Stargazers, listen up – Wednesday night will host a very rare event. The only blue moon of the year is also a supermoon and the last full moon of summer. Plus, Saturn makes a bright appearance near the Moon, just a few days from being its closest and brightest for the year, according to NASA.
"About 25 percent of all full moons are supermoons, but only 3 percent of full moons are blue moons," wrote NASA scientists on the Earth's Moon website. "The time between super blue moons is quite irregular ― it can be as much as 20 years ― but in general, 10 years is the average. The next super blue moons will occur in a pair, in January and March 2037."
What is a blue Moon, supermoon?
A blue moon actually has nothing to do with the color of the Moon. NASA defines one as the second full moon in a single month. "Once in a blue moon" comes around every two-and-a-half years, on average.
A supermoon is a full Moon that occurs when the Moon is at perigee, its closest distance to the Earth. The Moon appears 14% larger than the "micromoon", when the Moon is furthest away from Earth on its elliptical orbit, according to London's Natural History Museum. The supermoon also casts 30% more light on Earth compared to the dimmest full Moon.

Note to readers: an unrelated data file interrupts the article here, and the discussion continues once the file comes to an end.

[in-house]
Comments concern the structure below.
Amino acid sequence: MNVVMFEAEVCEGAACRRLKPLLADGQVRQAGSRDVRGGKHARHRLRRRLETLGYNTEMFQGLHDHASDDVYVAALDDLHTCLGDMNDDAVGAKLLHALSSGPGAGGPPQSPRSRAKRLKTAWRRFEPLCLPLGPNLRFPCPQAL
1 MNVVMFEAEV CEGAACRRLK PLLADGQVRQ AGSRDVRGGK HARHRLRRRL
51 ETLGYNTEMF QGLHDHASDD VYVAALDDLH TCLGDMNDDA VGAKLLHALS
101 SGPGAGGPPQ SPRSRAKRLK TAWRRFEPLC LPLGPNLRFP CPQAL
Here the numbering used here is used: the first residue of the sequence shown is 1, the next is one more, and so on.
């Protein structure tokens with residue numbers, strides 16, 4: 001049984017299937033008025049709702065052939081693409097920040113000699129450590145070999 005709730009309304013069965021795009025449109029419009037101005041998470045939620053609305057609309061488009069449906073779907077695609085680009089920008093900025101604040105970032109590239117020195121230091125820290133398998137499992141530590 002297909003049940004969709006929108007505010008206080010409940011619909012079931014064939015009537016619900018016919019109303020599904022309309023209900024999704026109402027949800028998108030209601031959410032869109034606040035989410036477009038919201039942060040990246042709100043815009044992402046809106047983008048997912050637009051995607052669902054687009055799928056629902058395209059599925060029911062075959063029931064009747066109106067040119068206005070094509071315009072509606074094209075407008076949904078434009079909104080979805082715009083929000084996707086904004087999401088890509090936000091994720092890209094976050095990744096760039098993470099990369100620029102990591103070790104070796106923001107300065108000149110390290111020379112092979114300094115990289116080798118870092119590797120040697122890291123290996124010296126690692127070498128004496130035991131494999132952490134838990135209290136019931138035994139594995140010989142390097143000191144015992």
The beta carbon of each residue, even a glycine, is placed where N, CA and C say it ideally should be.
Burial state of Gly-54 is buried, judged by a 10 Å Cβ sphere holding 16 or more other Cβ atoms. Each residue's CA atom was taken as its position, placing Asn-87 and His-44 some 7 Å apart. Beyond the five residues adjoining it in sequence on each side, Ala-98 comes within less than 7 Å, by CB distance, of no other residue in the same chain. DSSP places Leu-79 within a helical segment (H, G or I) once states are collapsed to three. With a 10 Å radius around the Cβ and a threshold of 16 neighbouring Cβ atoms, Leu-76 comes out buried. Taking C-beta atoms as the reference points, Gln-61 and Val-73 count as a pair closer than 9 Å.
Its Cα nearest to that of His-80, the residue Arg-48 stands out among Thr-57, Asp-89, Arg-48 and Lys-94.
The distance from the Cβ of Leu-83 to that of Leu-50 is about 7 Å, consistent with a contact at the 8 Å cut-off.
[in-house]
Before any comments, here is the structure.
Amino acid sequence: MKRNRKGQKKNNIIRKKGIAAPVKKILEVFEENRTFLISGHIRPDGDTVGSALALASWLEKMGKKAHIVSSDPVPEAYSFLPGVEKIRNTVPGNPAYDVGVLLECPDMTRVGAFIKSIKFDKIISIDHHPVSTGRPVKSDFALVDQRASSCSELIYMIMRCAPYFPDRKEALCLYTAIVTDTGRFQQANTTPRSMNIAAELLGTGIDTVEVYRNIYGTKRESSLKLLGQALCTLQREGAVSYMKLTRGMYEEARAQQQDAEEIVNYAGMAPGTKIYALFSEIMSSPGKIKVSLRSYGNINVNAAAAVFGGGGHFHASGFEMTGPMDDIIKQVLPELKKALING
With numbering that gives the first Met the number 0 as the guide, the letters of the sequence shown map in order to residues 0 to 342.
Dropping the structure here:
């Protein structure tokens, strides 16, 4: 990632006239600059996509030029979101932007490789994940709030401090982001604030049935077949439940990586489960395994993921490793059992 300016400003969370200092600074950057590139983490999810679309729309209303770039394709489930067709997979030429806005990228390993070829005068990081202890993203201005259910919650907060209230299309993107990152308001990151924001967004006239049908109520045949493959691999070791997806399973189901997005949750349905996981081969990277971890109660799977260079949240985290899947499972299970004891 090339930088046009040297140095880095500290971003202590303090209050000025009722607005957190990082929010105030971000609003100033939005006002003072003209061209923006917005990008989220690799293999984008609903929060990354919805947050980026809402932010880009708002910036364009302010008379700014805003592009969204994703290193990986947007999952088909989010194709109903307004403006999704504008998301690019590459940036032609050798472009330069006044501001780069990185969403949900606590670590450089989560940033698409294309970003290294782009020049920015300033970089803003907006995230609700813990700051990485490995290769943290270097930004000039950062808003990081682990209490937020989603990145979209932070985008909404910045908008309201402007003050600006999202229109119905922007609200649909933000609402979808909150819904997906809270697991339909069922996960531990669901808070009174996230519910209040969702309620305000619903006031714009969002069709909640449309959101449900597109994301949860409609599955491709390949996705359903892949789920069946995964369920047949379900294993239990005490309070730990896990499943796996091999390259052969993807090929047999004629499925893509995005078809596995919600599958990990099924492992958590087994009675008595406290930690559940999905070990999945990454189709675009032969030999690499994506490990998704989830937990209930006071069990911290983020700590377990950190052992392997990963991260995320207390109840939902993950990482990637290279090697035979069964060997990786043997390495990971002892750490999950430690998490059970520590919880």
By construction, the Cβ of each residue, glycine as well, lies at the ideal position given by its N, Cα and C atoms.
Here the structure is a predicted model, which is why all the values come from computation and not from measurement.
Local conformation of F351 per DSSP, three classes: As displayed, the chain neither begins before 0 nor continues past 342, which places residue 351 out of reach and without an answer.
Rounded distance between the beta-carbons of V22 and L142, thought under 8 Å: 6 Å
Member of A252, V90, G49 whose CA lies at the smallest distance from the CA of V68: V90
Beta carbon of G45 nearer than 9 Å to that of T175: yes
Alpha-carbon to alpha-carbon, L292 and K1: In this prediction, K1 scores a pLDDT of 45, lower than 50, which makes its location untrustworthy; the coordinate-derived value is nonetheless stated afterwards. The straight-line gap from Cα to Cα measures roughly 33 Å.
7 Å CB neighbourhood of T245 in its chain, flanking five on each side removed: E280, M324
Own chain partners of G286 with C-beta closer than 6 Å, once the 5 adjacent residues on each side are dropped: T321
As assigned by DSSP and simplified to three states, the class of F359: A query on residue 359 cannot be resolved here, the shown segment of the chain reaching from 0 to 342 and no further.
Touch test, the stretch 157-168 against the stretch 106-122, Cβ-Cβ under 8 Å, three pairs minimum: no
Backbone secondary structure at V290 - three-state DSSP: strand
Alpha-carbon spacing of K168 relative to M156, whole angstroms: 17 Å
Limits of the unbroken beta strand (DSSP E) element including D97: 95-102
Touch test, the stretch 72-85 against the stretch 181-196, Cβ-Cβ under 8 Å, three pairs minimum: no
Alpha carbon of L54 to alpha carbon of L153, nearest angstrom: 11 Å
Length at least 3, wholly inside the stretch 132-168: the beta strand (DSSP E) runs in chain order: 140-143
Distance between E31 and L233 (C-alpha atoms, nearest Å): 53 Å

Perigee is 226,000 miles, while the farthest distance between the Earth and Moon is apogee or 253,000 miles, according to NASA.
There are generally three to four supermoons a year. Each year from 2020-2024 will have four supermoons, according to the museum. The closest supermoon of the century will be in December 2052. The Earth and Moon are at their closest for two to five full moons each year.
Supermoons are slowly dimming though.
"The Moon is actually, very slowly, moving away from Earth, so our supermoon today was just a typical Moon a billion years ago," wrote Johnson.
When to look up
The moon will look largest as it rises and sets on the horizon because of the "moon illusion."
"It may be that when it is near the horizon there are objects, like trees and buildings, that it can be compared in size to, whereas in the middle of the sky there are no points of comparison, which makes it seem smaller," wrote Sara Russell, Researcher with the Natural History Museum.
Take a look at the horizon just after twilight.
Where did the name "blue Moon" come from?
Researchers have trouble pinpointing where the name blue Moon came from. A folklore expert suggested that the term came from a 1937 Maine Farmers' Almanac. The publication called certain full Moons blue Moons, but not the second one in a month, according to Sky & Telescope.
Actual blue Moons are possible, according to NASA. But the reason is land-based, not celestial.
"The key to a blue moon is having in the air lots of particles slightly wider than the wavelength of red light (0.7 micron)--and no other sizes present," explained a NASA scientists in a 2004 article. "This is rare, but volcanoes sometimes spit out such clouds, as do forest fires."
The particles scatter the Sun's red light reflected off the Moon but allow the blue light through to the eyes.
Don't worry if the weather is not cooperating in your area on Wednesday night and Thursday morning. The moon will appear full from Tuesday night through Friday morning, according to NASA.